Last Friday, the windows of various H&M outlets across the city were transformed into a brain-boggling, Austin Powers-dazzle of color. Orange, yellow, red, and grape soda-purple, exploded in 60s-esque chaos: a swingy hot-pink-and-orange trapeze dress, an ankle-length high-waist skirt in olive green with tangerine lava-lamp bubbles, a canary yellow and purple tunic.
Marimekko has officially arrived to the masses.
H&M, which opened its first New York City shop in 2000, began collaborating with high-end designers in 2004, in order to bring some cachet to its racks of cute and cheap clothing. (The thinking usually goes like this: That skirt you pick up in May might be falling apart by August, but if you only pay 19 bucks for it, who cares?) Each name-brand line led to a sudden shopping frenzy: Karl Lagerfeld’s entire stock sold out at some stores in an hour; lines around the block formed to snatch Stella McCartney’s stuff; same for Roberto Cavalli and even Madonna’s looks from last year.
Marimekko is a different kind of choice for the Swedish chain, a departure from the hot-but-too-expensive designs of Cavalli and Lagerfeld to the vintage-but-too-expensive looks of more classic designers. The Finnish company first got big when Jacqueline Kennedy bought eight Marimekko (which translates to “Mary’s Dress”) dresses to wear throughout the 1960 presidential campaign. After a brief period of near-extinction in the early ’90s, the signature Unikko poppy print—as recognizable to some as a Gucci stripe or a Louboutin red sole—started appearing again on everything from tea towels to expensive stationary. Thanks to stores like Anthropologie (which currently carries one juicy fruit-printed Marimekko dress for $178 and another for $158), which tapped into a girls-who-can’t-resist-a-brightly-colored-print-dress market, the company reported net sales last year of $116 million.
H&M’s new line is, sneakily, “A Tribute to Marimekko”, which means that the clothes and accessories are not exactly Marimekko. The store’s public relations manager Jennifer Uglialoro explained that “the idea came from designers in H&M’s women’s wear department who have long admired Marimekko’s patterns. … They have simply licensed their patterns to H&M.” In other words, H&M paid Marimekko to copy their prints, and then produced some cheap clothes of H&M’s design. Hey, we can live with that!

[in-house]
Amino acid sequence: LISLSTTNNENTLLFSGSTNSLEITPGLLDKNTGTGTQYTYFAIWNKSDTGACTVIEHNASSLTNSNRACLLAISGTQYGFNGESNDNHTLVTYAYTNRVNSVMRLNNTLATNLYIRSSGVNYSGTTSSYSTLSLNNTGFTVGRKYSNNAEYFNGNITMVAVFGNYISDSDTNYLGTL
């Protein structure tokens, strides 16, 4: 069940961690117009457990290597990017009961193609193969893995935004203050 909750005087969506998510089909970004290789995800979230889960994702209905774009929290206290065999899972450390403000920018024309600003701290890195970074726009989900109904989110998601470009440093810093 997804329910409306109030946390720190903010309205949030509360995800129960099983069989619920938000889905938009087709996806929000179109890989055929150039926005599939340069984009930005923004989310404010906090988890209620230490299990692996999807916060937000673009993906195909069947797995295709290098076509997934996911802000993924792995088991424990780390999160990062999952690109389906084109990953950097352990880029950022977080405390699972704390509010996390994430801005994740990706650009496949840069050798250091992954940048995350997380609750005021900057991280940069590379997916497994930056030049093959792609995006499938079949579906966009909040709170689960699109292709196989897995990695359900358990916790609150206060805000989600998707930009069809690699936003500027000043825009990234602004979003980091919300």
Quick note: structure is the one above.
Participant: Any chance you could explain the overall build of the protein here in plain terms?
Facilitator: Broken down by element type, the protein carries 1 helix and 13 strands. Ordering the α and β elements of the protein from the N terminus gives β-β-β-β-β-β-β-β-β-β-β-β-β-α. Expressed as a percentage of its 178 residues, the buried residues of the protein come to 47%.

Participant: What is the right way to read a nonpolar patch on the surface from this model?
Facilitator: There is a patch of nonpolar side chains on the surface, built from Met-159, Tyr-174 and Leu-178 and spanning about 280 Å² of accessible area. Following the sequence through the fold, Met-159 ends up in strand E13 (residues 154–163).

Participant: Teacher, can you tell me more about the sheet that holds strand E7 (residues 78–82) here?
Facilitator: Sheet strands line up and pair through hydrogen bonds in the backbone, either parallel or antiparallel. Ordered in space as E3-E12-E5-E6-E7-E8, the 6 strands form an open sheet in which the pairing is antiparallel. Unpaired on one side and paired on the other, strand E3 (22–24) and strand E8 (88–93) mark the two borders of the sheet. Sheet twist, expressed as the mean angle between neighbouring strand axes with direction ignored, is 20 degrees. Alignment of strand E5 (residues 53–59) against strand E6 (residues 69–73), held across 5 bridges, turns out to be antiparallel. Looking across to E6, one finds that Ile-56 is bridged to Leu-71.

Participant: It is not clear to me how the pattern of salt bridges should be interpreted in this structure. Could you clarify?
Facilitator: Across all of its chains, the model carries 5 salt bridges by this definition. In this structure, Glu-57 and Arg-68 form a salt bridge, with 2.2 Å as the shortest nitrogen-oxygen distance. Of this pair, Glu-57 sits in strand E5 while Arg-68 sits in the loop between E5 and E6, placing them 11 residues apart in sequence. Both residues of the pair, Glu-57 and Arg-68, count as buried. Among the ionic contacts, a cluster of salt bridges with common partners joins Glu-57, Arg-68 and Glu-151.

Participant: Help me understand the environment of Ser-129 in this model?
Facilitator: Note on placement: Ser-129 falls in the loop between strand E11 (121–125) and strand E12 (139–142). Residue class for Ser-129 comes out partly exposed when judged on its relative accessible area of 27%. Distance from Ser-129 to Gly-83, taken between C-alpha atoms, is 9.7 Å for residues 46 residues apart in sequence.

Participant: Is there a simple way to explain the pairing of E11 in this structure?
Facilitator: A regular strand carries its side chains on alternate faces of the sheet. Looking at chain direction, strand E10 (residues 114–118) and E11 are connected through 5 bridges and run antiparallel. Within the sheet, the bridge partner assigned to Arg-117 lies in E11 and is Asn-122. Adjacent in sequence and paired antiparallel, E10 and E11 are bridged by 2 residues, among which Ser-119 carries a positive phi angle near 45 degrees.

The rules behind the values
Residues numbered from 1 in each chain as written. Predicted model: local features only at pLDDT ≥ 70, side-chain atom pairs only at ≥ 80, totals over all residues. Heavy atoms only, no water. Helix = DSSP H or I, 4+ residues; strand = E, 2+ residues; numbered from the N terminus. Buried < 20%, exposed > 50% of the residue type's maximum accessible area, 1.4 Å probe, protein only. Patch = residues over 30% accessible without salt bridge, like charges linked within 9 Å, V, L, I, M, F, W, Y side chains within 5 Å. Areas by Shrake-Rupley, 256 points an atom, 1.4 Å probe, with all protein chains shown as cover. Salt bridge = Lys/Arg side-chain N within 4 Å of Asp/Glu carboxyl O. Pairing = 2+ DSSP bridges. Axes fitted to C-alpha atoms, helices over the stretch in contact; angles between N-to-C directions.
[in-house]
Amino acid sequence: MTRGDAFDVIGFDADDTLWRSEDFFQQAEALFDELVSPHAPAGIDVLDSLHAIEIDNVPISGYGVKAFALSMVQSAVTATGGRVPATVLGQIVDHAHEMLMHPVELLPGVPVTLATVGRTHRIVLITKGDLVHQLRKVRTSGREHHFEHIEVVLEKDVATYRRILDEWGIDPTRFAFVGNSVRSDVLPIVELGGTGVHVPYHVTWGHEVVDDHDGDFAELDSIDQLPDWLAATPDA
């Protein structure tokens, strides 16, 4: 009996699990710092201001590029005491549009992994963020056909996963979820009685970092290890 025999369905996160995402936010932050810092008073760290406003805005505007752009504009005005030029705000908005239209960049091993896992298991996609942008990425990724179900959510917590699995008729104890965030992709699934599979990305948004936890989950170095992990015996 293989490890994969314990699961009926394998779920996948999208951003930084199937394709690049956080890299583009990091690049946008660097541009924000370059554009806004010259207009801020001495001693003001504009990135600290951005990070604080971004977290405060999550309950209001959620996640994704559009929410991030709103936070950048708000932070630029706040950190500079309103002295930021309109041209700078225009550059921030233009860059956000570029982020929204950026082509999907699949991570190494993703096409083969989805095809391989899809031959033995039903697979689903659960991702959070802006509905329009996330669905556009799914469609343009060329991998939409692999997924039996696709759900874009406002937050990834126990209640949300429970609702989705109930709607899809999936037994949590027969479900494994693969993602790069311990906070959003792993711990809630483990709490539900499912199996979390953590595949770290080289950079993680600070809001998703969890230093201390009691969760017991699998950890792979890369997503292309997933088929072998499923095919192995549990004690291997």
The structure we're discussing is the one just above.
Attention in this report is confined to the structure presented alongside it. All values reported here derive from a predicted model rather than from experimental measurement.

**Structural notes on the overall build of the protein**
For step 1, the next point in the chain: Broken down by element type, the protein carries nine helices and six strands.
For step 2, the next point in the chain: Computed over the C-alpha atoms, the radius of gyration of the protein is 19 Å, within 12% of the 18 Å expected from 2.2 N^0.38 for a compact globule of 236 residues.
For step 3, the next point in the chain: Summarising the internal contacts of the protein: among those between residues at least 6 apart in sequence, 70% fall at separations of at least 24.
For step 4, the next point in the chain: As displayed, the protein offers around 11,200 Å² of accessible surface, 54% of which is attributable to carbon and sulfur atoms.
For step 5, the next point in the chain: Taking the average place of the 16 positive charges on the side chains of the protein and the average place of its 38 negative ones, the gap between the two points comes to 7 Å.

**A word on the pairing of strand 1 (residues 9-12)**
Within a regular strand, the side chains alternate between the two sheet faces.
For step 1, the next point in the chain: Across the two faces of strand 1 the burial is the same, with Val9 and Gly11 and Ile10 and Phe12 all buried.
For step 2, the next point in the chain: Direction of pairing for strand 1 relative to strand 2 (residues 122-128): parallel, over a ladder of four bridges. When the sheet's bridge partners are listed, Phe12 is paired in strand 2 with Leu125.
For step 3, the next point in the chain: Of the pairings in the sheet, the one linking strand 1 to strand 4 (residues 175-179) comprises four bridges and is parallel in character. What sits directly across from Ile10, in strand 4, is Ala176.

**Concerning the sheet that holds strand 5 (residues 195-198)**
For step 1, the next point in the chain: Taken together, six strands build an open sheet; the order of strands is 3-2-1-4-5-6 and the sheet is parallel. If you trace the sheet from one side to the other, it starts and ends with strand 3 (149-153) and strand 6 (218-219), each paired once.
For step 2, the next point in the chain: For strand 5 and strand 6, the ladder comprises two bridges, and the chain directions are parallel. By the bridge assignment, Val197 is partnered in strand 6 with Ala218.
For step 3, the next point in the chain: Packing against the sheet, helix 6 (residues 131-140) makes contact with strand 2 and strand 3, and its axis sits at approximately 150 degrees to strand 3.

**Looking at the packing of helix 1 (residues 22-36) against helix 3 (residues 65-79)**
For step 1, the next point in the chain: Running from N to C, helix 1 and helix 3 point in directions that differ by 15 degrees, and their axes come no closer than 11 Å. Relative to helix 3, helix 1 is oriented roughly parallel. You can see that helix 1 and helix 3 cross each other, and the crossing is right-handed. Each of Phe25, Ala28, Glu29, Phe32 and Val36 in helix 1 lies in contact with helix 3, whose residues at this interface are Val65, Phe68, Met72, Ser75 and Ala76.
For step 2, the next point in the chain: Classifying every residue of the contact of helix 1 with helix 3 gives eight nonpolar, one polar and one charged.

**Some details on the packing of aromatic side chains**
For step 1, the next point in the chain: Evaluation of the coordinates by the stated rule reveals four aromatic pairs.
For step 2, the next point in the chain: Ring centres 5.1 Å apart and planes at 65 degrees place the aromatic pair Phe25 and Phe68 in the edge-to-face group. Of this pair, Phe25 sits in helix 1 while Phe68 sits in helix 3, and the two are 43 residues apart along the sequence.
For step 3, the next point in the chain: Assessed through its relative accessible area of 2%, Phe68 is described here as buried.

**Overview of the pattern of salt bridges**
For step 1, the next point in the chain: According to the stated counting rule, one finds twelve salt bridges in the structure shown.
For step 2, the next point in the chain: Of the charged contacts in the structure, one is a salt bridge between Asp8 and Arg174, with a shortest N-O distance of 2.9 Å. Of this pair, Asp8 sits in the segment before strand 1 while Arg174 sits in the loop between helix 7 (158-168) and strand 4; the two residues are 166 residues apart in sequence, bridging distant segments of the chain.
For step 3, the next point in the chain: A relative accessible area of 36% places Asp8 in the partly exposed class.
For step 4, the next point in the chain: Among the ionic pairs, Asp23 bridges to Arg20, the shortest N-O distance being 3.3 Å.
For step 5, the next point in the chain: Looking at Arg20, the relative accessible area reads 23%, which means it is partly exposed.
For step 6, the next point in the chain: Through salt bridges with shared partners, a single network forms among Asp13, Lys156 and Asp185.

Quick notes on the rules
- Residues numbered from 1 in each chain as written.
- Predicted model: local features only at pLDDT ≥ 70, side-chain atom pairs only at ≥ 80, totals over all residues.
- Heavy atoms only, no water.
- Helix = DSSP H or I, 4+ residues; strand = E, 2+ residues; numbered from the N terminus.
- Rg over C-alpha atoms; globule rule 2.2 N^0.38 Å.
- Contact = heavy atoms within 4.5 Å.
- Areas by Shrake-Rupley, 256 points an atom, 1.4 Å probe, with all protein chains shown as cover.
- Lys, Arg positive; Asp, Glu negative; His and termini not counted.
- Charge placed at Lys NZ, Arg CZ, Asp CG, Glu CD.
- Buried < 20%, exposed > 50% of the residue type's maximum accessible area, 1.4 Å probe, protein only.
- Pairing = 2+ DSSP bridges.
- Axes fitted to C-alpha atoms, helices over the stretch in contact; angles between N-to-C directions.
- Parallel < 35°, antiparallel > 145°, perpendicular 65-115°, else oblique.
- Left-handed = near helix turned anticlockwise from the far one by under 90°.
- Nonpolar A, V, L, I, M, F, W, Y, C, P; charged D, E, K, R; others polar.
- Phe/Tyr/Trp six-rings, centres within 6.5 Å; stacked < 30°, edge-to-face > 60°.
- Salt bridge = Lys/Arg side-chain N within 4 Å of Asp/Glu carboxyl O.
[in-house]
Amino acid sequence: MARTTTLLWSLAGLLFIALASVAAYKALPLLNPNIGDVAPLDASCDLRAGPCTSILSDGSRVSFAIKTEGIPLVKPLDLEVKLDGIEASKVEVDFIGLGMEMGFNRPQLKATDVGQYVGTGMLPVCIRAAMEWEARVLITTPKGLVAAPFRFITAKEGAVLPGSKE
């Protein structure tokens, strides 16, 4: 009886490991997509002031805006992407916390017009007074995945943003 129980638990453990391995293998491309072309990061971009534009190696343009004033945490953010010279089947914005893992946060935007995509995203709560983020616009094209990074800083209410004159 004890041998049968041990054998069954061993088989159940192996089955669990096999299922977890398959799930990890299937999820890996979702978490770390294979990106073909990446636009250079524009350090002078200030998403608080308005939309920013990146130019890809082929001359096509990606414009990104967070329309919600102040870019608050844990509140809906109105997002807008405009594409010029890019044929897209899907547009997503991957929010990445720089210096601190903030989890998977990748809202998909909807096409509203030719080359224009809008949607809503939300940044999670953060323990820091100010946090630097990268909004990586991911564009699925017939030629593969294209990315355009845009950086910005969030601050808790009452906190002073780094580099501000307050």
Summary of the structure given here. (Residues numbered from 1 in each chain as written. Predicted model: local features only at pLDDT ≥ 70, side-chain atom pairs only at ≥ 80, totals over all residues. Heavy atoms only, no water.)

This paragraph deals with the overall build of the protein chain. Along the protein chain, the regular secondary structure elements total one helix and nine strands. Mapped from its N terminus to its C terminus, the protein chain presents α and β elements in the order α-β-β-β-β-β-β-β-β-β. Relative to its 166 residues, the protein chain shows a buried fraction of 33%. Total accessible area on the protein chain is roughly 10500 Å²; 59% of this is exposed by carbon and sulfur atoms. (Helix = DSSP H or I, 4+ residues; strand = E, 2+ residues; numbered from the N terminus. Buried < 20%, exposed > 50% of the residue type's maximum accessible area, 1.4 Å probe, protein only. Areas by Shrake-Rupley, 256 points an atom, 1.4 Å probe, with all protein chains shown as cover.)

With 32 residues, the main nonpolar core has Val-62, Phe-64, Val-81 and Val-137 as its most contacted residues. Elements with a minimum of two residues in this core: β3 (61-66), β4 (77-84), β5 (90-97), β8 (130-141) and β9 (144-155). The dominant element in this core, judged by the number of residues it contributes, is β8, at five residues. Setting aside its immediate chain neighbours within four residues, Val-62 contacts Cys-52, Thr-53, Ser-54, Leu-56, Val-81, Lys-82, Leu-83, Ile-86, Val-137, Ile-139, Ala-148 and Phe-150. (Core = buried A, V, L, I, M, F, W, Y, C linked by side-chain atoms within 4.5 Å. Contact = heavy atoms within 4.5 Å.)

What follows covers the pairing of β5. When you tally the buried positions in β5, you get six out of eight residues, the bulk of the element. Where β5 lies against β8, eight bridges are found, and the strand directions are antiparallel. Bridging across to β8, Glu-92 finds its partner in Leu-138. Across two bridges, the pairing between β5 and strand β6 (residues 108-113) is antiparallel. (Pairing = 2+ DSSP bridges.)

The 70-piece collection—more reasonably priced than the official collaborations that preceded it (a T-shirt with the distinctive black-and-white spiral was $19.90, dresses were under 50 bucks)—was whisked off racks at the Fifth Avenue and 18th Street H&M just three hours after going on sale. Anis, a 19-year-old design student at Parsons, had an armful of silky yellow and purple garments as she perused the racks of accessories (which including bangles, sunglass cases and hats). “I love Marimekko prints!” she squealed. A mother dressed in muted gray held up a pair of short-shorts in blinding fuchsia; her daughter had instructed her to pick things up for spring. The swimsuits, priced between $30 and $35, seemed to be the most popular items (H&M wouldn’t release numbers, but a tired-looking cashier reported “things are selling like crazy”).
“I’m so psyched about finding these,” said Claire Courtade, 25, holding up a pink-and-orange one-piece in one hand, and a black-and-white bikini in the other. “Aren’t they cute? I have a long torso and I usually have to shop at J. Crew.” Also in Ms. Courtade’s hand was a somewhat confusing item: a vintagey looking “romper” one-piece in red, black and white. The Observer had been looking at it for a very long time, trying to figure out where on earth one would wear such a thing. (This is true too of the somewhat too-’60’s printed pants, big button blouses and hard-to-wear-long slinky halter dresses). “I think it’s for sunbathing on your front porch?” said Ms. Courtade, a recent transplant from Austin (which, we assume, has more front porches than Manhattan). “Or, I don’t know … for wearing on your fire escape?” We skipped the romper (good luck, Claire!) in favor of a big orange, white and black print scarf ($24.90) and that aforementioned swirly black-and-white T-shirt. When they wear out at the end of summer—and they will!—we’ll check out H&M’s next designer coup: Comme des Garçons’ founder and head designer Rei Kawakubo will be doing a limited fall line.